The need to be right:  why is this so important?  Why do we feel so justified in our feelings and our position?  Please do not misunderstand me.  I am not saying or implying that feeling angry is wrong.  There are definitely times in our lives when we have the right to feel angry.  Where we get into trouble is in how we address these feeling, what we do with our anger, and how long we hold on to it.   When is how we manage anger a problem?  Consider these:

 

  1. Are your feelings and the way you express them out of proportion to the situation?
  2. Is “winning the argument” or “being right” more important than fixing and restoring the relationship?
  3. When expressing anger, does it become disrespectful?  Do we “go for the jugular”? Are we content to “clobber” someone else in order to relieve our own frustration?
  4. Have others commented that you have trouble controlling/handling your emotions?  Or perhaps that your displays of temper are inappropriate?
  5. Do poor coping skills allow the stresses of life to push your buttons, making anger management a tall order?

 

If the answer is “yes” to any or all of these questions, then it’s time to address your anger management problem.

 

Make no mistake.  The failure to learn how to cope with the stresses and demands of daily life will contribute to anger management challenges.  We must develop and use good coping skills in all areas of our lives.  When we allow anger to overtake us, it will destroy any potential good in our lives:

 

  • We cannot have unhealthy/unresolved anger in our lives and have optimal marriages. 
  • We cannot have unhealthy/unresolved anger in our lives and expect healthy friendships.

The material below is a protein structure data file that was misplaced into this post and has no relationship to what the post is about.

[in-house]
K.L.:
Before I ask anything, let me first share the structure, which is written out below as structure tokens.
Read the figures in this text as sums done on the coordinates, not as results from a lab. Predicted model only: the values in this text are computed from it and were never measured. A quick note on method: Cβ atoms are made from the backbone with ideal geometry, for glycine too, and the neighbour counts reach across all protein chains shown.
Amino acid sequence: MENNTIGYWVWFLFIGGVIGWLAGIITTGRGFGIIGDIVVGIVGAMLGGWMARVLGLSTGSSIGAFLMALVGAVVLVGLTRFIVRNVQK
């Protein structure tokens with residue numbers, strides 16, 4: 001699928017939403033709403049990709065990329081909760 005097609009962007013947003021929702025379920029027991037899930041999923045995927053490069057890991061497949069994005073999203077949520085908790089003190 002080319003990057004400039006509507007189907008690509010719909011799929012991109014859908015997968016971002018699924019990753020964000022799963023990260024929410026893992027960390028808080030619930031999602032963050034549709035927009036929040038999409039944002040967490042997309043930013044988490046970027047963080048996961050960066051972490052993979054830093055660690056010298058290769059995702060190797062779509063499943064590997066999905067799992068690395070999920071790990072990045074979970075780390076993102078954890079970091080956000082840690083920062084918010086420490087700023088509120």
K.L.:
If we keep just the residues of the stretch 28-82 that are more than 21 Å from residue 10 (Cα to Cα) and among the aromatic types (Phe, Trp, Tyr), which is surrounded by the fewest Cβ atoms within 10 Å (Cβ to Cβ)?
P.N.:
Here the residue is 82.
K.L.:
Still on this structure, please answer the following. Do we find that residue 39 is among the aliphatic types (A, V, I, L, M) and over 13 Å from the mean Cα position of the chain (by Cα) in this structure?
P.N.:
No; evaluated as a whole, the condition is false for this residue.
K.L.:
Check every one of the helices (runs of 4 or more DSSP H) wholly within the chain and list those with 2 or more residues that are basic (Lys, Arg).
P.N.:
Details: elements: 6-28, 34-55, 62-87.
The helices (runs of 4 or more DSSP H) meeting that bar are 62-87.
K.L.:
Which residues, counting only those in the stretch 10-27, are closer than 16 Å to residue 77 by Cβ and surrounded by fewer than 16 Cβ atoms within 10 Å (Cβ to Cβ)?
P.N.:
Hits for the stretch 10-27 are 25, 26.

• We cannot have unhealthy/unresolved anger in our lives and be the best employees we can be. 
  • We cannot have unhealthy/unresolved anger in our lives and be where God wants us to be in our lives. 

 

Unresolved, lingering anger is like a cancer of the soul.  Eventually, it will consume and destroy.

 

Some people seem so determined to hold on to their anger, like it’s an earned possession, but an unwillingness to work through the anger and eventually let it go is so very self-destructive.  The thought of facing the root cause of underlying anger issues is very daunting to some.  Coming to terms with the hurt and pain that has caused anger to become an issue can be such a challenge.  But we are much healthier people when we confront our anger and pain and commit to work through it, eventually letting it go.  Some issues we face cannot be fully resolved.  We may never feel fully understood, vindicated or restored.  But it is possible to still let go of anger and move on in our relationships and in our lives.  This is both a process and a choice.  When we make that choice and that commitment, we are taking back control over our feelings in a way that we never could when anger ruled our emotions.

 

Good coping skills are so important in being able to control anger and navigate around other potential roadblocks in our lives.  Counseling is a great place to start developing healthier ways of coping with the obstacles of life and learning better ways of handling life’s challenges.   It’s a mission we can all benefit from at one time or another!